Each year, there is a strong push to get Raines into the Baseball Hall of Fame. While he has come close, he hasn’t yet been able to get over the hump. Raines is one of the top base-stealers of all-time but his contributions to the game go beyond that. He was a seven-time All-Star, won a batting title, and twice led the league in runs. Raines will have a decent shot to earn election this year as he got onto nearly 70% of ballots (75% is needed) last year. At only about $1, his card is already a bargain. It will be an even bigger steal, however, if he finally gets the call to Cooperstown.

hendersonNo. 119 Rickey Henderson

Henderson has only one truly recognized rookie card in the 1980 Topps set. But his 1981 Donruss card is significant since it’s not only a second-year card, but his first Donruss edition. Henderson’s card is among the more expensive in the set, but ungraded examples are easy to find in the $2-$3 range. His credentials hardly need recounted, but as a Hall of Famer and possibly the greatest leadoff hitter of all-time, at that price, his card is undervalued.

No. 569 Danny Ainge Rookie Cardainge

Thirty-five years later, it remains one of the quirkiest 1980s baseball cards. Ainge’s rookie cards were found in both the Fleer and Donruss sets in ’81.  Of course, Ainge would become famous; just not in baseball.

Despite only being taken in the 15th round of the 1977 MLB Draft by Toronto, Ainge shot up through the Blue Jays’ system, needing less than two years to debut in the majors’ in 1979 at the age of 20. His major-league career was hardly stellar and Ainge was out of baseball only two years later – ironically, the year his rookie card hit the streets. But his sports career was just getting started as he went on to star in the NBA. Ainge made it clear his decision to ditch baseball in favor of basketball was the right move. He made an All-Star team and wmookieon two championships with the Boston Celtics. His card can be found for $1 or less on eBay.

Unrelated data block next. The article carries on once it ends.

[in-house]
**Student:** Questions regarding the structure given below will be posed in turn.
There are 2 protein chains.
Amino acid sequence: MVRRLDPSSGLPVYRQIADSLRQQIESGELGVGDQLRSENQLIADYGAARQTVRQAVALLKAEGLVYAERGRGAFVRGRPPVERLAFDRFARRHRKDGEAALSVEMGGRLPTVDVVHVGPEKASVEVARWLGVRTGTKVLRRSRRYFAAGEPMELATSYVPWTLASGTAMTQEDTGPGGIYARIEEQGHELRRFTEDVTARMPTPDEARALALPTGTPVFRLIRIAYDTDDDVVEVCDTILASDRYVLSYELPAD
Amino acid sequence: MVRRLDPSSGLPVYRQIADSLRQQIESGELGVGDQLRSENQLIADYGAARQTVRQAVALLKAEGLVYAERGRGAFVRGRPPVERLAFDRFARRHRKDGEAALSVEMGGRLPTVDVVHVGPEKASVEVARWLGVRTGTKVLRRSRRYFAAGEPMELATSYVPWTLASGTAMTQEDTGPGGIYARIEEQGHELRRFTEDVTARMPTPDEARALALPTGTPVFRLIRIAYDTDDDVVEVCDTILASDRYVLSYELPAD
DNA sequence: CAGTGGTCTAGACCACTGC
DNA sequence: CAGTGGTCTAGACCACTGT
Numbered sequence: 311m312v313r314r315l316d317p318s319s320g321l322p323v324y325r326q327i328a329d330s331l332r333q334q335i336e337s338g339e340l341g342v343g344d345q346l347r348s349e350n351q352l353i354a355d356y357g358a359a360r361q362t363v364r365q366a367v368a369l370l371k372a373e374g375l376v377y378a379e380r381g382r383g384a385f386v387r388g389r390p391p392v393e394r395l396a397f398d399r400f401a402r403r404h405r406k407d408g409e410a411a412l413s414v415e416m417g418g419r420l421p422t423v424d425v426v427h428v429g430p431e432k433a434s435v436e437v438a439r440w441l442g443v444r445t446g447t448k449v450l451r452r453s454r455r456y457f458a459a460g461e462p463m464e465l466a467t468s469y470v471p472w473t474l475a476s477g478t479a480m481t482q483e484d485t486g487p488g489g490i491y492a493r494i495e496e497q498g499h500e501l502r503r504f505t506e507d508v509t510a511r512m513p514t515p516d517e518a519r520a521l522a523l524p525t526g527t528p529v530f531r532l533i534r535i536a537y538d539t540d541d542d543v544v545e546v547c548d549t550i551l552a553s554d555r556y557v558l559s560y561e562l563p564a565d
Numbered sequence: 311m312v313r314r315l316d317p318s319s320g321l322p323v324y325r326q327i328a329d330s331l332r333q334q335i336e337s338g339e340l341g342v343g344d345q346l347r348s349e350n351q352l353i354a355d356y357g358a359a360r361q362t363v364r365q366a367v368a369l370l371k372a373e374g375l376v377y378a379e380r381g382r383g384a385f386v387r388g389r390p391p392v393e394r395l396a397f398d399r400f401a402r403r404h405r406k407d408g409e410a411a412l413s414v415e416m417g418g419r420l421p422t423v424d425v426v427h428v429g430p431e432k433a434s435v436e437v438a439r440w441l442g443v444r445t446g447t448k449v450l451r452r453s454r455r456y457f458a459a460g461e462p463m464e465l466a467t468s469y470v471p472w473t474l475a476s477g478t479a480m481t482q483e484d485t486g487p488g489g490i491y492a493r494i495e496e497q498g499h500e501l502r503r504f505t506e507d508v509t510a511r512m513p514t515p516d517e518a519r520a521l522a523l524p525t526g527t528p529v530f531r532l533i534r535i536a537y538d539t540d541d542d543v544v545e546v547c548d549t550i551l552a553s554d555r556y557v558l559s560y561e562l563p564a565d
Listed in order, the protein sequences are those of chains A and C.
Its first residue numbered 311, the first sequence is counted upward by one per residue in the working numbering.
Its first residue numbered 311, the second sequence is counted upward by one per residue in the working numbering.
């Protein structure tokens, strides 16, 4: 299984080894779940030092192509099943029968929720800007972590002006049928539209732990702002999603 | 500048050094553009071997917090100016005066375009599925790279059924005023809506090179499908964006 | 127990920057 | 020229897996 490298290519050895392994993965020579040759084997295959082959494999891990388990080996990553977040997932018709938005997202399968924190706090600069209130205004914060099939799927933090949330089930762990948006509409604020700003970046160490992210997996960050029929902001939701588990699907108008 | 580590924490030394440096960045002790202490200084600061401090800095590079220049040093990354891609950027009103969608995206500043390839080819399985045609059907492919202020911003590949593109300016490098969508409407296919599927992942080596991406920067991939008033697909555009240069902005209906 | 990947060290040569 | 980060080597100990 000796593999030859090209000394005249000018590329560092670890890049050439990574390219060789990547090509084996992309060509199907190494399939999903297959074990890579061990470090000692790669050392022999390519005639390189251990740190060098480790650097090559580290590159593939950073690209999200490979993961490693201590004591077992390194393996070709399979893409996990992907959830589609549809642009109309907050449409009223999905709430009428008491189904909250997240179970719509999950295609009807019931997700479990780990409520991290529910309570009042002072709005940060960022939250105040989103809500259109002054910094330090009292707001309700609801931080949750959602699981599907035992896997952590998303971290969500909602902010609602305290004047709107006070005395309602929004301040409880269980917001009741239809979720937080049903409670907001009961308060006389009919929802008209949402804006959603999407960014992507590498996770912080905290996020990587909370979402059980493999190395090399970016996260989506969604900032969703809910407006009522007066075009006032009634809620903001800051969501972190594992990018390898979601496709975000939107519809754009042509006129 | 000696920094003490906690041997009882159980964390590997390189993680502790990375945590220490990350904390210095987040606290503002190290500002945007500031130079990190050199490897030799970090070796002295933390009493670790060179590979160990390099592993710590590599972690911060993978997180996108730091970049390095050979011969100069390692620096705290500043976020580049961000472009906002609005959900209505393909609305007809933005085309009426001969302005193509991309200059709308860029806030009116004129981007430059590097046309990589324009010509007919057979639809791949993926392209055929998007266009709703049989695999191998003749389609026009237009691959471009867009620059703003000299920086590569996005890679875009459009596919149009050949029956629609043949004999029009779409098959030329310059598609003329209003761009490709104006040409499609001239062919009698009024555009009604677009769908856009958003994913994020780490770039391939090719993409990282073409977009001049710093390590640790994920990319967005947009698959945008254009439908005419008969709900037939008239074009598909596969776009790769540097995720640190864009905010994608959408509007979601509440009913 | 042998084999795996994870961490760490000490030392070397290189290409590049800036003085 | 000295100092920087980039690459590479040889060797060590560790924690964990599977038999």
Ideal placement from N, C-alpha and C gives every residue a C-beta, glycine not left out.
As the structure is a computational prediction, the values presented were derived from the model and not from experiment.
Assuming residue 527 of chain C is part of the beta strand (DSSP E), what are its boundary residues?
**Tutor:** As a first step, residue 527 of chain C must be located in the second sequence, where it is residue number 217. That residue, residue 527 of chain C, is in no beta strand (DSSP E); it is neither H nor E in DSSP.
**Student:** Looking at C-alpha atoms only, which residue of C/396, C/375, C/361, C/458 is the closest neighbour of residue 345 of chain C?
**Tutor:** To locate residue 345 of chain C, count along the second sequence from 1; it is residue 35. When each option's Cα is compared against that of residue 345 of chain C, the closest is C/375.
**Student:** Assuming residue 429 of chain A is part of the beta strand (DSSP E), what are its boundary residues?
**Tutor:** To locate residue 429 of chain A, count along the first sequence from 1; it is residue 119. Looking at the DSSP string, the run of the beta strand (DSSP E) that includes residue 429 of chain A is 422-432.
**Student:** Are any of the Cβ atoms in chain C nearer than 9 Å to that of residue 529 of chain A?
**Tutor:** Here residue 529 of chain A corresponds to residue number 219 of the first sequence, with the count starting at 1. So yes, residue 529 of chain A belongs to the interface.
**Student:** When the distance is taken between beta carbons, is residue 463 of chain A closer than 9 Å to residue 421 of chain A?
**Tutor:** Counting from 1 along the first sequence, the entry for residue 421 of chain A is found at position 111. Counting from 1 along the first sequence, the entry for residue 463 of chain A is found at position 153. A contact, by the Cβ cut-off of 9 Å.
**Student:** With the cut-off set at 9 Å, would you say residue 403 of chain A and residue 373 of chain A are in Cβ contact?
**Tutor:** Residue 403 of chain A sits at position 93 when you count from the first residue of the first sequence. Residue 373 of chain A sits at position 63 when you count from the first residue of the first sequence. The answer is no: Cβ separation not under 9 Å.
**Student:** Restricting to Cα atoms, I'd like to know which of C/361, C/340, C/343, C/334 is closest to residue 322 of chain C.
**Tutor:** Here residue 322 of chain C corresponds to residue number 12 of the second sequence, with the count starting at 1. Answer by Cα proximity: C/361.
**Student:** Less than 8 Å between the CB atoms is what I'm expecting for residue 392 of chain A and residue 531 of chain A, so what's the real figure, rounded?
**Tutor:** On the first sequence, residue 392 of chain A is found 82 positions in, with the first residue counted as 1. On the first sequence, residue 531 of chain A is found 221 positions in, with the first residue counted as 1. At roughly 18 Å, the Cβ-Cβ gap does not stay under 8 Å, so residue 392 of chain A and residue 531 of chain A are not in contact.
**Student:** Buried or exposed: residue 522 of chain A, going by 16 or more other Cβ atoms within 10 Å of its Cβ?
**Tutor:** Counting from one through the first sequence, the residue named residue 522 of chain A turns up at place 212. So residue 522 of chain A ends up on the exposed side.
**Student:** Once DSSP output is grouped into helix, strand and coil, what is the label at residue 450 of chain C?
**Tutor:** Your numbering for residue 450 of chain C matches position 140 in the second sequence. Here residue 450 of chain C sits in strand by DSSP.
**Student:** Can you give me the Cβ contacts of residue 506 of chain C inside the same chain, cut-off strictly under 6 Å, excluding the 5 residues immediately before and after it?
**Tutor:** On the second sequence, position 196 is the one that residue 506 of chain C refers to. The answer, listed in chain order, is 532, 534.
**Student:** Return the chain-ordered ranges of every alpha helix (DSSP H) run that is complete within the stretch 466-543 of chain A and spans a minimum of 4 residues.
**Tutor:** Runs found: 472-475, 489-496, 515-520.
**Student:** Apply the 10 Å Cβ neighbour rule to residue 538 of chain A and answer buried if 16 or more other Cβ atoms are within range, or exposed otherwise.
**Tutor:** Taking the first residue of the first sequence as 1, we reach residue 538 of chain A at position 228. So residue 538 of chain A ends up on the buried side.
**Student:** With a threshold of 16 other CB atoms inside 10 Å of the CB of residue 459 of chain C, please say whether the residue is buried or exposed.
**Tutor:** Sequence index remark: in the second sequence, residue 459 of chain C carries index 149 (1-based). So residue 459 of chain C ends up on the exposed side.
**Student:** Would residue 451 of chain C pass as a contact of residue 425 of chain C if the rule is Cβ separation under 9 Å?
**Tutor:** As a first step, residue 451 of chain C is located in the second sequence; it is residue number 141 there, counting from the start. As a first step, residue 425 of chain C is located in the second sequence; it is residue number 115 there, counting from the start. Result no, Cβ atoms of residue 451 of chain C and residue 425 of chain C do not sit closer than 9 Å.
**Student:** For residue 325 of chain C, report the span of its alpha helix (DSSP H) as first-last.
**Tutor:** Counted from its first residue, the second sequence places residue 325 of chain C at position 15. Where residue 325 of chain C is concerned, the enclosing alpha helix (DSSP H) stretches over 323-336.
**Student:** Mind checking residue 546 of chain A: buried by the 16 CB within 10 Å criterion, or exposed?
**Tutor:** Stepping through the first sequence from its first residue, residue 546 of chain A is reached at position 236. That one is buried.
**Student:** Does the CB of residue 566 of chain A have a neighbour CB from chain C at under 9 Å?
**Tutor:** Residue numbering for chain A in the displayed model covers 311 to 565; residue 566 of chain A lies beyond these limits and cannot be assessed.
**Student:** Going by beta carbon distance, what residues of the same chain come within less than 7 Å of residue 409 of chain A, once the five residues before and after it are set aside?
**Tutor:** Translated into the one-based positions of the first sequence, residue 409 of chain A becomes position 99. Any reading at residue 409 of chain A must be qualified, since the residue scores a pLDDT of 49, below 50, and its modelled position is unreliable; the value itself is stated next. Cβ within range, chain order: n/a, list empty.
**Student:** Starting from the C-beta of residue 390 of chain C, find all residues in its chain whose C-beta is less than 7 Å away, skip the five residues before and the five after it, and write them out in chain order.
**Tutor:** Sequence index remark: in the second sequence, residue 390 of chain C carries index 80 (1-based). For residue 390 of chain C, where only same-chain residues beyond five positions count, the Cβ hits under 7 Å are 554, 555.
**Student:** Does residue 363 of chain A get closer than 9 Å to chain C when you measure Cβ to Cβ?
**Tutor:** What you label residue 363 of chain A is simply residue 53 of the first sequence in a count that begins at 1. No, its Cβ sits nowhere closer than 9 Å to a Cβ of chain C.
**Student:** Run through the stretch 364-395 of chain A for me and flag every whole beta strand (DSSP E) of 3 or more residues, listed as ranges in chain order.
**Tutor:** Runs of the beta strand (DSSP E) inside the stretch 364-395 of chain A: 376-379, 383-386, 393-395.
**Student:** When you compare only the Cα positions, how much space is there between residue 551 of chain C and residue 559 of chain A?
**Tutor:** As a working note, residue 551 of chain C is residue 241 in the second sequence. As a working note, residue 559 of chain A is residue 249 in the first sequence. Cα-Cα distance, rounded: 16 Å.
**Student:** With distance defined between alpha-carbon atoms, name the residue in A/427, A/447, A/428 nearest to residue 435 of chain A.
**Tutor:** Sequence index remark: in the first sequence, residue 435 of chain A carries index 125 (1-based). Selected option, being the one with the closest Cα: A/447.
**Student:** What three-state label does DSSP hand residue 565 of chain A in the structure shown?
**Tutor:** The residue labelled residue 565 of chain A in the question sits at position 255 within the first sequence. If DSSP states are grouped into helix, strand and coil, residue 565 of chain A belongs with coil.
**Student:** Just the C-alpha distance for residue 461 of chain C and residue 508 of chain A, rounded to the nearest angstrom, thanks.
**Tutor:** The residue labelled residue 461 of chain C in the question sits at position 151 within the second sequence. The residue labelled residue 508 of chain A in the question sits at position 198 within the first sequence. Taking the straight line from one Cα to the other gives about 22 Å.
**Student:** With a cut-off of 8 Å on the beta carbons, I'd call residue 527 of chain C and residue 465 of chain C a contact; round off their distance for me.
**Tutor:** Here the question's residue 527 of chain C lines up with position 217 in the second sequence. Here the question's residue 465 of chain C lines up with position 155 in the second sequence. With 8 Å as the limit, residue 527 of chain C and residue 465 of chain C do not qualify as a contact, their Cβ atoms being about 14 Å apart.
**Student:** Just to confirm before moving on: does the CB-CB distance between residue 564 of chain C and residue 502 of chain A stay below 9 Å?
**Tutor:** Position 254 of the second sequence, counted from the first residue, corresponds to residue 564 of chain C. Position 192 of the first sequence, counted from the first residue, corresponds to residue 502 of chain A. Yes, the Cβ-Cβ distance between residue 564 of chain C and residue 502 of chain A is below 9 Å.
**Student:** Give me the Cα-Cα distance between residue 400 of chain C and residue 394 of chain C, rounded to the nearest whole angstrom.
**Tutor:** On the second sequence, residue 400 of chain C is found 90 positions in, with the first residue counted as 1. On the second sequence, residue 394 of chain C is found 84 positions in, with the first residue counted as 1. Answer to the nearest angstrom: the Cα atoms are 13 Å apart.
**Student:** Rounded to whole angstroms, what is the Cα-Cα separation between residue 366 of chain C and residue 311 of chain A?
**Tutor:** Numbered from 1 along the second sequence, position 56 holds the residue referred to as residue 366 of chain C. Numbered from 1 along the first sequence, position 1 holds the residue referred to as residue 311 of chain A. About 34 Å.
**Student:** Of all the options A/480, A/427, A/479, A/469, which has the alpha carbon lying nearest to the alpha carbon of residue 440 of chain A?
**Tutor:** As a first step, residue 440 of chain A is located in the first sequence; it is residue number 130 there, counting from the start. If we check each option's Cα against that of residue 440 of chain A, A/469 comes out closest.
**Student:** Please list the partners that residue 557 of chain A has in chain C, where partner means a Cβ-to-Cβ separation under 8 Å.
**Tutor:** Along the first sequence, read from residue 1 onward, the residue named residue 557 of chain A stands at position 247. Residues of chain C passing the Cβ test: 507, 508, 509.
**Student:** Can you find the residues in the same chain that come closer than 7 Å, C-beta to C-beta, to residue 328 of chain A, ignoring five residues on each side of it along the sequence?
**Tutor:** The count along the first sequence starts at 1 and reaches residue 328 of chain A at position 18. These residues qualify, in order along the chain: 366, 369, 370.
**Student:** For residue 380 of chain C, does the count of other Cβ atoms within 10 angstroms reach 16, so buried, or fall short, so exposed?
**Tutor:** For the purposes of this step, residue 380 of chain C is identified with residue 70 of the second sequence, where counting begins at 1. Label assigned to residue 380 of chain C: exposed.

No. 575 Mookie Wilson Rookie Card

Mookie Wilson will always be remembered for his hit in the 1986 World Series, which Bill Buckner botched, allowing the Mets to reach a Game 7 and ultimately defeat the Boston Red Sox. Wilson’s career, however, was far more than that one moment. He enjoyed a 12-year career, stealing more than 300 bases and leading the league in double plays for a center fielder on three different occasions. 

In ’81, he was becoming a fan favorite on a Joe Torre-managed Mets team that needed a few. Two game-winning homers later in the season didn’t hurt his popularity.


Product Details

The baseball card landscape changed in 1981 when both Donruss and Fleer entered the marketplace and put an end to a Topps monopoly. While 1981 Donruss Baseball is far from a perfect set, it's place in hobby history is important.

On the surface, the 1981 Donruss Baseball checklist is large but simple. Factor in the many error variations and you've got something a little more challenging for completists. The main set has a total of 605 cards -- 600 player cards and five unnumbered checklists. That's significantly smaller than the 726 cards of 1981 Topps Baseball, but still on the big side.

Outside of Tim Raines, there aren't any major rookie cards in 1981 Donruss Baseball. From there, rookies drop off to players like Mookie Wilson and Jeff Reardon. One of the more intriguing cards in the set features a player who would go on to have a stellar basketball career instead, Danny Ainge.

The card design is fairly simple on the front. White around the outside, photos are framed in with a thick color frame with an inset black. The Donruss logo and year are in the top and the team name is on the bottom. Backs are more intricate. They're headlined by the notation, "First Edition Collector Series." The Donruss logo is flanked by bats, balls and ribbons that help frame in the timeline-style bio and stats.

1981 Donruss Baseball Cards 1 1981 Donruss Baseball Cards 2

1981 Donruss Baseball has more than 30 cards that have variations. Most of these are errors from the set's first run that were corrected. None command a huge premium like some of the errors that would dominate the hobby a few years later.